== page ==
What is Treason?

What is Treason? Treason is a specifically-defined act of disloyalty committed against the government most often associated with spies and subterfuge but the term is frequently used among political rivals seeking to make emphatic statements. Prosecution for treason is rare in the United States.

Treason is the act of giving aid and comfort to an enemy of one's government or physically preventing enforcement of a law. Examples could include assisting anti-government terrorists with websites or recruitment of soldiers; using a group of people to physically stop police from arresting and deporting immigrants; providing guns or food to anti-tax or anti-government rebels who have isolated themselves with the intention of fighting federal agents.

Historically, treason was the crime of attempting to kill the monarch or plotting to kill him or his family. The crime was almost always punishable by death, as was the fate of the infamous conspirator Guy Fawkes of England who was found hiding under the British Parliament with kegs of gunpowder, planning to blow up the government.

In the United States, the most famous act of treason was when American general Benedict Arnold offered to sell the strategic outpost of West Point, on the Hudson River in New York, to the British because he was not shown respect by his American colleagues. This constitutes treason because he aided the enemy. His plot was uncovered when a British spy was captured, but he managed to flee to the British side and fight for them throughout the rest of the war. He was not tried but his name remains synonymous with "traitor."

Espionage vs. Treason

Those who attempt or succeed in selling secrets or classified information to another country may be charged with espionage but are not necessarily traitors. The American couple Julius and Ethel Rosenberg were tried, convicted, and executed in 1953 for passing top secret information about nuclear technology and jet propulsion to the Soviet Union. Their children maintained that the prosecution was overwhelmed by Cold War fears but declassified material later confirmed that even Ethel Rosenberg conspired to hide money associated with the transactions.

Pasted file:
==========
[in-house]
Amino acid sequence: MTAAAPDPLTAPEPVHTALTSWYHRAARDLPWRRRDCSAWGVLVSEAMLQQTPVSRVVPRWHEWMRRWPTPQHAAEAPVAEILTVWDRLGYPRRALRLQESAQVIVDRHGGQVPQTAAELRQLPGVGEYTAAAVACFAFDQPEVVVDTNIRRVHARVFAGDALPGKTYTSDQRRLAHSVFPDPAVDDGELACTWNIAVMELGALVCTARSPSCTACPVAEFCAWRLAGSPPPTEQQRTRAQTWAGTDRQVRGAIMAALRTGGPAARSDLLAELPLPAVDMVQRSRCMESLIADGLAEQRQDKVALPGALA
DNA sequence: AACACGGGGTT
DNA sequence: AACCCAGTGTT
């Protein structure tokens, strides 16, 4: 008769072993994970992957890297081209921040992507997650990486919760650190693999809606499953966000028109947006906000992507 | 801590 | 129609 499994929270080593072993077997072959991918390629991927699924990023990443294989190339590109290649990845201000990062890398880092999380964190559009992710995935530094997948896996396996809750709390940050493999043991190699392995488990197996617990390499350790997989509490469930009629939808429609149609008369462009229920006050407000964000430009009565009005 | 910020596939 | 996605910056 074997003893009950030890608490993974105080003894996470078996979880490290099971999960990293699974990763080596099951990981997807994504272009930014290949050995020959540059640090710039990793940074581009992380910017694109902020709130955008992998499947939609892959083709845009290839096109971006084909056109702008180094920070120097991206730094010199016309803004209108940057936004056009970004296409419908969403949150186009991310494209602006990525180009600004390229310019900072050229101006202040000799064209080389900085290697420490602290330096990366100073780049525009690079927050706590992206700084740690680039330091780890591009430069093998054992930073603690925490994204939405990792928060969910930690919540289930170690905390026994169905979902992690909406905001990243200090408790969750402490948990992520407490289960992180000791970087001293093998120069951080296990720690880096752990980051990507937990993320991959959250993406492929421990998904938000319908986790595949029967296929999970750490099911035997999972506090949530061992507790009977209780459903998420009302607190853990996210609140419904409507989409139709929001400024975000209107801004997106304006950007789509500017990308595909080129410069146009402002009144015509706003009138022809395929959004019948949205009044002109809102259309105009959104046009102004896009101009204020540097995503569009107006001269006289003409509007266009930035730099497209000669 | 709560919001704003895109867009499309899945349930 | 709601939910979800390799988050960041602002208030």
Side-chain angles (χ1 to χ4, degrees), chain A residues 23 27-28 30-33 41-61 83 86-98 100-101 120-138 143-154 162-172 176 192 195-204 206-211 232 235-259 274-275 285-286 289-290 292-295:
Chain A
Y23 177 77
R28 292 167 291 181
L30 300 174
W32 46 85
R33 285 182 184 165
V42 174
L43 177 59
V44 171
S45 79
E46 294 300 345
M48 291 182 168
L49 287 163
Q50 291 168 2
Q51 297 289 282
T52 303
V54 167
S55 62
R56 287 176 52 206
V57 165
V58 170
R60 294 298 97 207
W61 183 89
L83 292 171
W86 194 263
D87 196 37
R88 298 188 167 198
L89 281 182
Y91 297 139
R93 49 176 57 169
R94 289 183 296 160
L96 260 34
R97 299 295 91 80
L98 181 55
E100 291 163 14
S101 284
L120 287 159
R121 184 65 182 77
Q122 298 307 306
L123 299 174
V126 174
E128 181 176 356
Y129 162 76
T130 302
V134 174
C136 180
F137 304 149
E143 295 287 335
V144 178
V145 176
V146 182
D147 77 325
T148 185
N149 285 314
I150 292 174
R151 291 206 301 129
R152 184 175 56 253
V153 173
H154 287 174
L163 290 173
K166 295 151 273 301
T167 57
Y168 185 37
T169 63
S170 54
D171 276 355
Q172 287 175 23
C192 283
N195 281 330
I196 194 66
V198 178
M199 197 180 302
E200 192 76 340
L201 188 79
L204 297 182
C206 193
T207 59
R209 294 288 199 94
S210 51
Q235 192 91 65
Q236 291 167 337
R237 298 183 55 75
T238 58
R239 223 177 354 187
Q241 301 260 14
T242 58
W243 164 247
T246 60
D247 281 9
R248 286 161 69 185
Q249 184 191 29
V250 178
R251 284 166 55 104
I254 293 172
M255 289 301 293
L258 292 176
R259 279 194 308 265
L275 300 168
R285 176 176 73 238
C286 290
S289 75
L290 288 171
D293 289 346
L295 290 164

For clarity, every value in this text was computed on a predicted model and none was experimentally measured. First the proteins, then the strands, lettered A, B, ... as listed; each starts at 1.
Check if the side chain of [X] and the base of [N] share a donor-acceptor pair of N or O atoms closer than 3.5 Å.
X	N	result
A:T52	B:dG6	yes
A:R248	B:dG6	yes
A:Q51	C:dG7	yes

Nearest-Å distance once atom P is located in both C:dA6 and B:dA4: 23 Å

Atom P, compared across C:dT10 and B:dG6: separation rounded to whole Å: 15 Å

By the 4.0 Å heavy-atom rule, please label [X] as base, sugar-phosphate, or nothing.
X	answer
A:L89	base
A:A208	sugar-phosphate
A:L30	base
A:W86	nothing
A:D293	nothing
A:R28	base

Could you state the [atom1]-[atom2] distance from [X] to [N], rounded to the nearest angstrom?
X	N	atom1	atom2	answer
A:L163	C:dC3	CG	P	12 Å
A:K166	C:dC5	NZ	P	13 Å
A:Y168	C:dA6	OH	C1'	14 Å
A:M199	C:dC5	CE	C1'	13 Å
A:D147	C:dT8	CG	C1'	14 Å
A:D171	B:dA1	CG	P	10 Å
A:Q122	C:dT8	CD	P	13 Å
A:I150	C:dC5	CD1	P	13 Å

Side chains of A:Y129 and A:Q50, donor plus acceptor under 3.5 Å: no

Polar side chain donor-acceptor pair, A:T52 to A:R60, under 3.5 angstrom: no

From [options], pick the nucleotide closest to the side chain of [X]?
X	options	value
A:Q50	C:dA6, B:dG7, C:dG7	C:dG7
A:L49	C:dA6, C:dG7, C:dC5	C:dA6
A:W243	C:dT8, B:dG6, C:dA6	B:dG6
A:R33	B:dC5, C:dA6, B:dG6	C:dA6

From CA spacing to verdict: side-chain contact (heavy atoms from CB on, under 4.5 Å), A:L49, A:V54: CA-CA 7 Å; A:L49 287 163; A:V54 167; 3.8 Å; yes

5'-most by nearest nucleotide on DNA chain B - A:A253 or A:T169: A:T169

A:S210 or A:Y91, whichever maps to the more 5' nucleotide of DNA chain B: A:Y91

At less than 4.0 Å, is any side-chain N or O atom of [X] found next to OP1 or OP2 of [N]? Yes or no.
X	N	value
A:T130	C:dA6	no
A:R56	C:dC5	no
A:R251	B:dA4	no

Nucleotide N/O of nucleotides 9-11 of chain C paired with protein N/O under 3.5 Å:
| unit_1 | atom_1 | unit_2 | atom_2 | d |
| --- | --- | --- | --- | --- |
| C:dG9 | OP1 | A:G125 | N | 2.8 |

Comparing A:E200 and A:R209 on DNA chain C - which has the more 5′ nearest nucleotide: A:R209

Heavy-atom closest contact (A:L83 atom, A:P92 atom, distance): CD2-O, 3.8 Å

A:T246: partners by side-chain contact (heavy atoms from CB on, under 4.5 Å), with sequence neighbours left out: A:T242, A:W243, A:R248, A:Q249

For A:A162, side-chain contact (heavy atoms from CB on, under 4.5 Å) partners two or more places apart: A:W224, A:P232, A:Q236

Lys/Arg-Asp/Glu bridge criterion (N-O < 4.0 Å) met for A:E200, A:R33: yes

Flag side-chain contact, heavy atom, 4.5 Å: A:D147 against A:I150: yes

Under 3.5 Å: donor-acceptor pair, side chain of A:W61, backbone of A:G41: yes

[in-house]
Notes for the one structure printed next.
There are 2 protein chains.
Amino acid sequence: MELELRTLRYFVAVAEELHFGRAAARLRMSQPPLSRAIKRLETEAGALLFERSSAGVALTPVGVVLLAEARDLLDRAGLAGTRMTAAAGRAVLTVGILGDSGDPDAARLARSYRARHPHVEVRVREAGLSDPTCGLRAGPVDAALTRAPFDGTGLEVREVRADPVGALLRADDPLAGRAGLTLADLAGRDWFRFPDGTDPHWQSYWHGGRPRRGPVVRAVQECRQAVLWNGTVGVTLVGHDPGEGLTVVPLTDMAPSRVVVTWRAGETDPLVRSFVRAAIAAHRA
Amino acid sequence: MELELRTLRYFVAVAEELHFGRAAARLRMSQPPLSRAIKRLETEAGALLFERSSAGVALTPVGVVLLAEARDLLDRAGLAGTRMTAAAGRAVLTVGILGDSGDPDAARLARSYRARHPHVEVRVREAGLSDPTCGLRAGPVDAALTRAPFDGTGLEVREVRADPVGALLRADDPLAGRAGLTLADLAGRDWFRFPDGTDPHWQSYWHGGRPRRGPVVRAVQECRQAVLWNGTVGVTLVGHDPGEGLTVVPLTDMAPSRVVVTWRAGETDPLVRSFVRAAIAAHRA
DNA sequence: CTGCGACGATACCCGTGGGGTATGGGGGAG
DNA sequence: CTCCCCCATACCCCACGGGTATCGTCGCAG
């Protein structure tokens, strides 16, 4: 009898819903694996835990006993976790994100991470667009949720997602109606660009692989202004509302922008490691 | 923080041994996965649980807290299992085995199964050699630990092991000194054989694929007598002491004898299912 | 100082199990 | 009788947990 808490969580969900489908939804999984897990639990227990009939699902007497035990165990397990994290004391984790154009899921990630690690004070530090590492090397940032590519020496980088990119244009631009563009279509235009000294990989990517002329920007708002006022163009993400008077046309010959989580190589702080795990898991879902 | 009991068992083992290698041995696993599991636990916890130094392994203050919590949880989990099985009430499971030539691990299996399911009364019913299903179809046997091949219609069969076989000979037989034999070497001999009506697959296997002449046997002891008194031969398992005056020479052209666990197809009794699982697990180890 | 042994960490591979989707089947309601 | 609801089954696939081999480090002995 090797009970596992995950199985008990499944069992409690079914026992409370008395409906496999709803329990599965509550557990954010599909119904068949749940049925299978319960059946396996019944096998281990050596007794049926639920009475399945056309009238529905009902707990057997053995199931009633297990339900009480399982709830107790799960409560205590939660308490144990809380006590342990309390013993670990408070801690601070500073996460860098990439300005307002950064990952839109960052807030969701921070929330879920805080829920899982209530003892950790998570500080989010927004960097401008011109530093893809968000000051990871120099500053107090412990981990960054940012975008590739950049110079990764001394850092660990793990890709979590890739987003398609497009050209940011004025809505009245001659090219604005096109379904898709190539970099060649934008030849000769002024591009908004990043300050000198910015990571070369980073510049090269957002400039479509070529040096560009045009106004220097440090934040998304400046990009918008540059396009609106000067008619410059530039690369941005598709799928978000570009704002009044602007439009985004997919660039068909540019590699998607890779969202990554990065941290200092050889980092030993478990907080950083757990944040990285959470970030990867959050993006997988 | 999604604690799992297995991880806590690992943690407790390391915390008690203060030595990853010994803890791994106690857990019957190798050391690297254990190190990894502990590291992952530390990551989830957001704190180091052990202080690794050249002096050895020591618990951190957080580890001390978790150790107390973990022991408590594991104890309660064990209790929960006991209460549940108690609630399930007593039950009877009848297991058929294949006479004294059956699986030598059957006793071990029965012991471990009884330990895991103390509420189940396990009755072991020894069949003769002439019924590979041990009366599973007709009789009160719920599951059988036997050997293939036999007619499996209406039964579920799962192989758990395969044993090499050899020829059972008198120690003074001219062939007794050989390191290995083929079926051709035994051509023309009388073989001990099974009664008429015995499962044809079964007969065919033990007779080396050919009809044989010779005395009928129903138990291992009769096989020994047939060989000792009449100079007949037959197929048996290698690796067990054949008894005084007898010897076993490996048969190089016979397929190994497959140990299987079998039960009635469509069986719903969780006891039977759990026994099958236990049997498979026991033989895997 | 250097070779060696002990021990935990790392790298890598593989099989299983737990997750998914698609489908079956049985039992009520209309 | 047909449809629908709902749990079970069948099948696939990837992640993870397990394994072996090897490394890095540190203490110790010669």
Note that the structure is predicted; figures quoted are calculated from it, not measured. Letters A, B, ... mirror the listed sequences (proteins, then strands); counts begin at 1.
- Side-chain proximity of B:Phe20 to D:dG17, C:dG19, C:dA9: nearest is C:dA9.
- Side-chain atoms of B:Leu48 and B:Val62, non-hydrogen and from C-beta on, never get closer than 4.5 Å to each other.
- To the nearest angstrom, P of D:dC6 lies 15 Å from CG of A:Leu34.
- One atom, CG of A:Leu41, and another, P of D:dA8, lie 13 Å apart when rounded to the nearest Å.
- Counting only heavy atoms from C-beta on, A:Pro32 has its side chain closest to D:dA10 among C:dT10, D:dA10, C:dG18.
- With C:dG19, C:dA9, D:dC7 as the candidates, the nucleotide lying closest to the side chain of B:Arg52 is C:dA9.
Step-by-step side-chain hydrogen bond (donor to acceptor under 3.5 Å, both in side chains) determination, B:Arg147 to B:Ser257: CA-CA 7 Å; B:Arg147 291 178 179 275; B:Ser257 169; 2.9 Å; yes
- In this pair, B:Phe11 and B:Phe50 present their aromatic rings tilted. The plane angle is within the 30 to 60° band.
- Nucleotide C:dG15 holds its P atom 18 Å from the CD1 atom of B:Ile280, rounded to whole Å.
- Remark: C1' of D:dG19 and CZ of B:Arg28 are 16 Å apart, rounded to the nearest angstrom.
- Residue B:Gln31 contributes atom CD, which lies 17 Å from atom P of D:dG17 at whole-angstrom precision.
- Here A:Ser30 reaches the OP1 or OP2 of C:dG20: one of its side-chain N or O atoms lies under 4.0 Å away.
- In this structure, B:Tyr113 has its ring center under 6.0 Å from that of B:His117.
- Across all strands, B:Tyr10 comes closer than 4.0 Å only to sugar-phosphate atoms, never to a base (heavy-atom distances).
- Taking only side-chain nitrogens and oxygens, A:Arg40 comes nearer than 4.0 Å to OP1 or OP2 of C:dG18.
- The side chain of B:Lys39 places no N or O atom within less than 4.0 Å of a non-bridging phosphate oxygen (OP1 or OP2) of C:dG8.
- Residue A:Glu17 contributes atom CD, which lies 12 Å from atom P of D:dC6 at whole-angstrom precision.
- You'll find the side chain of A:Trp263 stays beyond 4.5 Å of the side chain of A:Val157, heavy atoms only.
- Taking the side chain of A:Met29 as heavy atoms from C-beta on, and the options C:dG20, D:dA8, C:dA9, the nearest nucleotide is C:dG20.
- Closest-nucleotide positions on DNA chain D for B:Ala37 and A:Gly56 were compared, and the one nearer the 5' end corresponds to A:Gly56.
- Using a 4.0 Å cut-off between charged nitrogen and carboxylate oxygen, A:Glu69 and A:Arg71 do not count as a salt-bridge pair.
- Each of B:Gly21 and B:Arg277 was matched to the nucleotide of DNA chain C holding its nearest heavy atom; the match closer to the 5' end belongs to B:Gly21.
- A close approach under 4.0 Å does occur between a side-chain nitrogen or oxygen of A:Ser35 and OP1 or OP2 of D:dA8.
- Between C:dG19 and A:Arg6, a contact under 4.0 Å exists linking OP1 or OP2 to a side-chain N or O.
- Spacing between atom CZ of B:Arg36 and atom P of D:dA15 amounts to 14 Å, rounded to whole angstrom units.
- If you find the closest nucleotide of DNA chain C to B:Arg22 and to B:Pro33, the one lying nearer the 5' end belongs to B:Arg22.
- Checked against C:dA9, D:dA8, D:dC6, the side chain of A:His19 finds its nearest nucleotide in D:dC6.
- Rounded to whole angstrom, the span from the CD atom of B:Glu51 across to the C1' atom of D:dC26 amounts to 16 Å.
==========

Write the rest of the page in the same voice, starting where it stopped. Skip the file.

In a similar case that spanned the 1980s to 2001, a high-level employee of the F.B.I., Robert Hanssen, passed military secrets to the Soviet Union, including the presence of a secret tunnel under the Soviet embassy in Rome. His identity was not discovered until the agency paid a Russian $7 million to steal Soviet files on their contact. Hanssen accepted a plea deal to avoid a possible death sentence but he was charged with espionage, not treason. He is serving 15 consecutive life sentences in a high security prison.

Modern Cases of Treason

In the early days of the United States the law against treason was tested by the Whisky Rebellion: dozens of distillers in Western Pennsylvania refused to pay taxes on their products, and when the collectors attempted to press the matter, armed groups forcibly turned them away. President Washington himself rode at the front of a militia from several states to quash the rebellion. The group's actions, denying the enforcement of a law, amounted to treason but most involved were pardoned and few taxes were collected.

During the World Wars, American immigrant residents' ties to their home countries were frequently scrutinized and questioned. Japanese descendants were sent to internment camps in Western states to allegedly prevent them from collaborating with the enemy.

In the 1940s, a handful of German immigrants and one naturalized citizen did commit treason: as part of Operation Pastorius they were trained in Germany and returned to the U.S. to sabotage American industries in 1942. Of the eight men who were equipped and trained by Germany, six were found, tried, and executed during the war while two who told the F.B.I. about the plot were spared but sent to prison. Even the parents of the one naturalized citizen, Herbert Haupt, were tried for treason and deported because they did not report their son's activities.

An American fighter pilot, Martin James Monti, stole an airplane from a base in Italy and defected to Nazi Germany during WWII, helping to write pro-German leaflets and broadcasting similar information on the radio. After the war he returned to Italy, surrendered to American forces, and was court martialed for his desertion. A year later he was inexplicably allowed to reenlist, then honorably discharged. In 1949 he was prosecuted on multiple counts of treason, to which he admitted and pleaded guilty. Monti was given a 25 year sentence and $10,000 fine but was paroled 10 years later.